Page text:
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Posted by: Racoon | 2011/09/14

Poisoning my son?

Dear CS

I have a bit of a dilemma, my son (6) has a friend at whom he has visited for 2 playdates now. When I picked him up after the first playdate, I noticed the the grandmother (she lives with her divorced daughter and grandson) smokes in the house. We as VERY much against cigarette smoke, and are bringing our kids up to reject smoking entirely. The people are very nice, but it goes against the grain so badly to expose my son to second hand smoke. I am not familiar enough with the mom to talk about it openly. What am I to do? I would like to ask that the grandma not smoke while my son visits, but I don''t know if that would at all be acceptable. I also can''t just say no to playdates, as he is one of my son''s best friend? how do I approach the situation?

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Our expert says:
Expert ImageCyberShrink

Maybe you can just explain pleasantly to the people that while you are fond of your son's friend and that they seem very nice people, you are strongly opposed to children being exposed to second-hand smoke, and maybe even imply that your son is especially sensitive to smoke.

Do you know what they do on playdates ? In the good weather, the kids could play outdoors or on the stoep, and be less exposed to smoke, and you could also invite his little friend to rather visit you. While it's the grandmother's house, she has the full right to smoke there if she wishes.

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Our users say:
Posted by: Anon | 2011/09/16

I smoke on occasions, and grew up in a house where both my parents smoke. I wouldn''t even consider smoking in the presence of children, even if their own parents smoke. It''s principle, that''s all. You know it harms them, so why do it? Some people still think there''s no such thing as global warming, and that sigarette smoke smells like daisies/???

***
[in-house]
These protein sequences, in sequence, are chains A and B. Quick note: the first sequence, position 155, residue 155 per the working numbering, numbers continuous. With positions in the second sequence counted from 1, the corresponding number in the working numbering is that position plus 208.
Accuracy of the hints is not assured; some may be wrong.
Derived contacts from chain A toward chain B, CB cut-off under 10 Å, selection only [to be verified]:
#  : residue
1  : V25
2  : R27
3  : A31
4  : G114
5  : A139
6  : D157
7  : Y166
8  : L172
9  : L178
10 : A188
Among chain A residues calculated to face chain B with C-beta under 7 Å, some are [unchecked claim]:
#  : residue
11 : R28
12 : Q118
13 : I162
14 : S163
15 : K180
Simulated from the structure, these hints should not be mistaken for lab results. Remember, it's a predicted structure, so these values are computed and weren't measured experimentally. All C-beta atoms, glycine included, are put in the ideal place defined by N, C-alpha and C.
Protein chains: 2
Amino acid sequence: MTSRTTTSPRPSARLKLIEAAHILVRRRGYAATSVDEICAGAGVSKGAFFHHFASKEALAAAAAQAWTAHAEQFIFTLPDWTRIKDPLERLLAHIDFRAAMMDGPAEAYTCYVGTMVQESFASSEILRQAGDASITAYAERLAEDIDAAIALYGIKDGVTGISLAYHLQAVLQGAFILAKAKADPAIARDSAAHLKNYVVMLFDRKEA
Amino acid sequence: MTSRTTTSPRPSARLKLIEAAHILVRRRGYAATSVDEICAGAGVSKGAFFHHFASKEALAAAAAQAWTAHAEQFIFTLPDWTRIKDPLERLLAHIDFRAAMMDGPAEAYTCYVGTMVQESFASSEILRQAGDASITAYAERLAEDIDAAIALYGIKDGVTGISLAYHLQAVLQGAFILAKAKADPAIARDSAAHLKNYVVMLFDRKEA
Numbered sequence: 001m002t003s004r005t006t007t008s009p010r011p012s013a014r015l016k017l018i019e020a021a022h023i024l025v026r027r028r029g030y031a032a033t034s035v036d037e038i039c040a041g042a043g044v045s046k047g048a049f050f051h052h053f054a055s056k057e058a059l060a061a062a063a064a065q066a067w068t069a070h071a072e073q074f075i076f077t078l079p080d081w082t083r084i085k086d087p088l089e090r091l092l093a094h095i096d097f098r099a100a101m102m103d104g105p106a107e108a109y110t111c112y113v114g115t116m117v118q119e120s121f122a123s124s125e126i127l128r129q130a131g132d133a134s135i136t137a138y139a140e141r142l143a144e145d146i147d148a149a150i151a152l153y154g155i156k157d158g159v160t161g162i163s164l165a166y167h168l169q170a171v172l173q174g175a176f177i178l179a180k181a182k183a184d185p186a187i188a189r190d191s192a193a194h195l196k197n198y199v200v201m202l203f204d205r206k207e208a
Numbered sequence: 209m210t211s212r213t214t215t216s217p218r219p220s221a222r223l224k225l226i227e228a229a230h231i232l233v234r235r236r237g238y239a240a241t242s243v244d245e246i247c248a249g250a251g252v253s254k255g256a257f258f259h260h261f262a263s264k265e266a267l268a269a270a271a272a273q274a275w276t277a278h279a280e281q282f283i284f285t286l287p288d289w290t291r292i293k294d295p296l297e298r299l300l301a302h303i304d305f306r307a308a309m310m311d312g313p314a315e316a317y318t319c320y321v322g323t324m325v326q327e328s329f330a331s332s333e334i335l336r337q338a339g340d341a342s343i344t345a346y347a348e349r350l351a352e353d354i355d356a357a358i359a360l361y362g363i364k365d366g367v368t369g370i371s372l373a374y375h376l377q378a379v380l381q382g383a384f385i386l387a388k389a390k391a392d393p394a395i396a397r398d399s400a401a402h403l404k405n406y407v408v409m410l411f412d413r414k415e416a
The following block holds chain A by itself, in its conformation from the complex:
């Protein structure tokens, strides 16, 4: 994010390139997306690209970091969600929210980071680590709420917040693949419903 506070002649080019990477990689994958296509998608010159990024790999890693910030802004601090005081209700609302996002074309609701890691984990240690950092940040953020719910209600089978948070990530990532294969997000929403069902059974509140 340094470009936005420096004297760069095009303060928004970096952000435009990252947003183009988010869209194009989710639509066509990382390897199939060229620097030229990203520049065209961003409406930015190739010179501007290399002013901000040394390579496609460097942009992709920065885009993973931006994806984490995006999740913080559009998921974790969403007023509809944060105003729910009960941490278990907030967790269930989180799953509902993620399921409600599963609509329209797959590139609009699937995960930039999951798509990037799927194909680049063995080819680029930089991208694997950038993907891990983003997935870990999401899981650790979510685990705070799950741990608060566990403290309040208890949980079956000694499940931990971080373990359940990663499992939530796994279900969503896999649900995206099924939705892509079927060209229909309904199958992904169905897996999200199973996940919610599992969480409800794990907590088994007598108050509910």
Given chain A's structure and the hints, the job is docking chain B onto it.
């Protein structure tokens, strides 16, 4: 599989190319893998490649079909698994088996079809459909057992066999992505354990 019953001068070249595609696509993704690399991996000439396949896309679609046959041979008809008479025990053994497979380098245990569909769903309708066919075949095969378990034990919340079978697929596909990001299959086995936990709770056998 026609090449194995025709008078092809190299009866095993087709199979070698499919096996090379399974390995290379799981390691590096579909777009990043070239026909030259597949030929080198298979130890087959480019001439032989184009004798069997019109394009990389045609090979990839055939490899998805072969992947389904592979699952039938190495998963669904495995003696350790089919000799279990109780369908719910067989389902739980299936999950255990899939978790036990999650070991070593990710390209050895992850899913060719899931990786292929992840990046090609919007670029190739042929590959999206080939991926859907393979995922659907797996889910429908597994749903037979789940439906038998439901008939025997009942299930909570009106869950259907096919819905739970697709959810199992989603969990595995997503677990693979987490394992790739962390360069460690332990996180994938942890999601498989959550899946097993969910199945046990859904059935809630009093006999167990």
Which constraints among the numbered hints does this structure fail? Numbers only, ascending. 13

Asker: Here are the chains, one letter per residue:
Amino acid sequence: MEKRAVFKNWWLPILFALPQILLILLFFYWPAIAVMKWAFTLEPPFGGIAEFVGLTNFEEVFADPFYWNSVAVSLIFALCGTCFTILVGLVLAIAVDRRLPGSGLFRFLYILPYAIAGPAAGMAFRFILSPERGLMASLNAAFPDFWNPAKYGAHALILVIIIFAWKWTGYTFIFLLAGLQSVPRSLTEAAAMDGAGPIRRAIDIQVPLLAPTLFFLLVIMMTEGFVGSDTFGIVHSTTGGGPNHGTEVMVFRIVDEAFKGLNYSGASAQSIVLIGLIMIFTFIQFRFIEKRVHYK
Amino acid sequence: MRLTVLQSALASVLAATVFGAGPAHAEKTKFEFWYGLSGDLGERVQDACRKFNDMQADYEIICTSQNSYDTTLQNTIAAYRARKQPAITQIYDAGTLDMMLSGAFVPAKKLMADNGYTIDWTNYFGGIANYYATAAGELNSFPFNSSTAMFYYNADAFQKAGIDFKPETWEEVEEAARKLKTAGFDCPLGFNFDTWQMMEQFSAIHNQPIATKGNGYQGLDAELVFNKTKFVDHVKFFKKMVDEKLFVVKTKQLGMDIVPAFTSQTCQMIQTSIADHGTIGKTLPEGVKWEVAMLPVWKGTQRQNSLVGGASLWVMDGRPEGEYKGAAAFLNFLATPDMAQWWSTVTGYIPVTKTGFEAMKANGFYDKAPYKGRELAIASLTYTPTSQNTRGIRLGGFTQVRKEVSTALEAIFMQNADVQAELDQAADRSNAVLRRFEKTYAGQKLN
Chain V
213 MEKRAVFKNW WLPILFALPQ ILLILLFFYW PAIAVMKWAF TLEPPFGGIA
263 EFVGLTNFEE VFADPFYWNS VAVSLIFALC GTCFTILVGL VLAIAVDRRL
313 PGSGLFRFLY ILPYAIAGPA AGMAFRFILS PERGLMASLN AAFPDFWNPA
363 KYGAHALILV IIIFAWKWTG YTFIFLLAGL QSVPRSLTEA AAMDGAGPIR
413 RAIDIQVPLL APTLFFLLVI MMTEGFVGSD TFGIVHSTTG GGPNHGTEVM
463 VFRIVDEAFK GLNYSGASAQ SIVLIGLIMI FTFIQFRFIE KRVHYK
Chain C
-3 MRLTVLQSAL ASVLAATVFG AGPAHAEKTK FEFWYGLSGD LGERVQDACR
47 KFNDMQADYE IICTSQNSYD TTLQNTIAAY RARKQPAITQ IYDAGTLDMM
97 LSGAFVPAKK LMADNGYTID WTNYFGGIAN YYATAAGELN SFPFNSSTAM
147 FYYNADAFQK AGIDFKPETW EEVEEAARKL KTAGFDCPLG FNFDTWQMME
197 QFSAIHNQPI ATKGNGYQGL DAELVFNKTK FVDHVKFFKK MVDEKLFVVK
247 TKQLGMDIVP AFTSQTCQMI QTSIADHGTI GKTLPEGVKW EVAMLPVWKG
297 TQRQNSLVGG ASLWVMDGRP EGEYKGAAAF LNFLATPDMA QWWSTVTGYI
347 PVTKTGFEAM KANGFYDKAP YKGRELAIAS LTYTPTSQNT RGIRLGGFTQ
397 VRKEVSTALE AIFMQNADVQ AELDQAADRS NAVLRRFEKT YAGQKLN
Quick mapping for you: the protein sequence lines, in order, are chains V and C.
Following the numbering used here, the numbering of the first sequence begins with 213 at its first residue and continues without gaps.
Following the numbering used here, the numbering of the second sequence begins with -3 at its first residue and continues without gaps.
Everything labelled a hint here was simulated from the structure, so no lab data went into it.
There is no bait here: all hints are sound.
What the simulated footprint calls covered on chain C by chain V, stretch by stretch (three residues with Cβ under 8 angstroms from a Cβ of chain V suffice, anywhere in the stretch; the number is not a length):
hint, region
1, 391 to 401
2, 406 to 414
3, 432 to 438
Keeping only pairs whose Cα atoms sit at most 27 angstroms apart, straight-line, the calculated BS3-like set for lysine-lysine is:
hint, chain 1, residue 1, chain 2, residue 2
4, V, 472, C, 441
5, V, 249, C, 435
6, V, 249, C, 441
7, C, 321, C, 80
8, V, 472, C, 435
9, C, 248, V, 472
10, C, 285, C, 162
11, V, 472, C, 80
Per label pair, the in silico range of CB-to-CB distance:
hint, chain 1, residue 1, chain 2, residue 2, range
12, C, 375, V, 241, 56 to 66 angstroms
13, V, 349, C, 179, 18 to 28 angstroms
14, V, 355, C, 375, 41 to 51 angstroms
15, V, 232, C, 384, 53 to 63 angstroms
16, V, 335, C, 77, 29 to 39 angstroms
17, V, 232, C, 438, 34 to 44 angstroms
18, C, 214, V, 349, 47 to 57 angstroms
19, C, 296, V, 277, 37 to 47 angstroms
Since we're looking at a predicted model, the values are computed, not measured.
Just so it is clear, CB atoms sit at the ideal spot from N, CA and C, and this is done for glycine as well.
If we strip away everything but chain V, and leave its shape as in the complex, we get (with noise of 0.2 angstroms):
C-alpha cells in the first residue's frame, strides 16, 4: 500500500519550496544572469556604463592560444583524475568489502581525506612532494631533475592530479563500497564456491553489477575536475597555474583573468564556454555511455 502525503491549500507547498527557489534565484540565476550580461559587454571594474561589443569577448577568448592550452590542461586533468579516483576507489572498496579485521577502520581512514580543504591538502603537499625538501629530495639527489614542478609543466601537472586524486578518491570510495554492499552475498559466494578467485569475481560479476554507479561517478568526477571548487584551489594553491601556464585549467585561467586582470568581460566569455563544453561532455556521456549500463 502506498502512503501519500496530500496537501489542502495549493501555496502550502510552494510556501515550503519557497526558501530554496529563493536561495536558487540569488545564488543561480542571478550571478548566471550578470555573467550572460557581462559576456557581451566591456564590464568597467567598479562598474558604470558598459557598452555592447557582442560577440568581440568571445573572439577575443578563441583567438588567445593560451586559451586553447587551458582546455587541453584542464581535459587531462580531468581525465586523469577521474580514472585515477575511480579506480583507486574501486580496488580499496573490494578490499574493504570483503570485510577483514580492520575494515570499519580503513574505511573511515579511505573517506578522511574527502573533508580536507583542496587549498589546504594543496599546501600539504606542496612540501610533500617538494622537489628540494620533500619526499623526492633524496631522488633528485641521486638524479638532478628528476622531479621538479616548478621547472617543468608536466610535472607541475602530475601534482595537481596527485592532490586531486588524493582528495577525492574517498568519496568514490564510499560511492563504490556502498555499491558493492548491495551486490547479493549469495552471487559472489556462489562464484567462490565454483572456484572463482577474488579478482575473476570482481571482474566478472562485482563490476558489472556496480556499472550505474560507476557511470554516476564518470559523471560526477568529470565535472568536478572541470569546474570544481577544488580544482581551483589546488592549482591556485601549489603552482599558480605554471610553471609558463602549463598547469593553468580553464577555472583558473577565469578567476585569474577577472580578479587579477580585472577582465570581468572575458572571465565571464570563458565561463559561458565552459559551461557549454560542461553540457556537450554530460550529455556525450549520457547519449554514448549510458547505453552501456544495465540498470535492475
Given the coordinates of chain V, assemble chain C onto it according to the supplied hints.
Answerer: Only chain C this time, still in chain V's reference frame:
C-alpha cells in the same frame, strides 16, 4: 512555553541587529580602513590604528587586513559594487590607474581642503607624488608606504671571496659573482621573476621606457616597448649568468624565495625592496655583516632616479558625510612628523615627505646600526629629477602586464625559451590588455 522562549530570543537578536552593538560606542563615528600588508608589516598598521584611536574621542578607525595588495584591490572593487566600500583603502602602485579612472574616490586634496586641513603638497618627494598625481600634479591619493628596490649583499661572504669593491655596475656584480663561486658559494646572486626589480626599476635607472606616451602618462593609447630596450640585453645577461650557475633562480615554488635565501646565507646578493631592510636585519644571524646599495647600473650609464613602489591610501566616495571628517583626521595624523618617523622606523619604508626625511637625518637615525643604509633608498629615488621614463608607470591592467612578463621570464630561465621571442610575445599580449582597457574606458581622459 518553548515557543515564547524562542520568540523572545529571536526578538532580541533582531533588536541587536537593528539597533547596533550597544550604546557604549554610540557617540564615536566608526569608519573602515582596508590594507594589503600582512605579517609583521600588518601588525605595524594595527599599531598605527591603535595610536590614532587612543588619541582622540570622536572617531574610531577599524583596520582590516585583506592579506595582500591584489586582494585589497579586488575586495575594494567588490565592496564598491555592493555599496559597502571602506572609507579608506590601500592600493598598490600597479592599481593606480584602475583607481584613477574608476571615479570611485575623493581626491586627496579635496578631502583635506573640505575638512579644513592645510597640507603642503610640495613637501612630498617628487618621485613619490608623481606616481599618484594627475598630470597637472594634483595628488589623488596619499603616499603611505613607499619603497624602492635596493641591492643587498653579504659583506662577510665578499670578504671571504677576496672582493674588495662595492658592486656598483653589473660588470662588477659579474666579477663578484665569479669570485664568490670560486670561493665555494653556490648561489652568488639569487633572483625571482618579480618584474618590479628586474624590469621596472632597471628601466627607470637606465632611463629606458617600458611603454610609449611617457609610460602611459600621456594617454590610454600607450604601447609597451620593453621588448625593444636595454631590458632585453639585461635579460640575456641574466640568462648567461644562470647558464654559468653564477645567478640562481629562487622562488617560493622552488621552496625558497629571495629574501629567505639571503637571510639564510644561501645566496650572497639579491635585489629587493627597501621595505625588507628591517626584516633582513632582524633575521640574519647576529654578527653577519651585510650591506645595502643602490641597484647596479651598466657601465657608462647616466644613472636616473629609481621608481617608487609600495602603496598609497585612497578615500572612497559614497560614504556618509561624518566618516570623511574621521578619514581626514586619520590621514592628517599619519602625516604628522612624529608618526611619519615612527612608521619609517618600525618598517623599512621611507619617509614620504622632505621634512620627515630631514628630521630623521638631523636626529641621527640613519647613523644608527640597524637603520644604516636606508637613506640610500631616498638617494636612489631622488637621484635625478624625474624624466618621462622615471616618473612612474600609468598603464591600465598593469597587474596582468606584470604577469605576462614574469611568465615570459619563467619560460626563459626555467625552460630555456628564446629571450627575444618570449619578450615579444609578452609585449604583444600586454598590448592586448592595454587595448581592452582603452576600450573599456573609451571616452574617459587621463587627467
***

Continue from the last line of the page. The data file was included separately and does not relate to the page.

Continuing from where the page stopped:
Reply to Anon
Posted by: P | 2011/09/14

While I''m against smoking, I must agree with Romany and Maria. If you say something, the grandmother may prefer that your son doesn''t go there anymore than to stop smoking. It may create tension in the family too.

Being exposed to cigarette smoke is bad, but I wonder if it was just a few hours a week (maybe less if the grandmother doesn''t smoke every time) might not be a reason for so much alarm. I don''t know. In my time, people could smoke in coffee shops, restaurants and many other places. No one smoked at home, but I was exposed to smoke in my brother''s house, in all the public places, etc. And my brother''s kids were exposed to smoke all the time because both parents smoke 2 packs of cigarettes a day. But the kids are fine. I''ve never known them to be sick. Although I must say the first one was born with a mental disability because the mother didn''t know she was supposed to stop smoking during pregnancy. During pregnancy, the risk is much higher.

But being exposed to smoke only every now and then, while not ideal, might not cause as much damage as you fear.

Still, if it worries you so much, you can limit the amount of visits, or stop them. Since you can''t invite the other boy over, you actually owe these people more than they owe you, which puts you in no position to complain, sadly.

More sad is the fact that some smokers are so selfish too, but what can we do?

Reply to P
Posted by: Racoon | 2011/09/14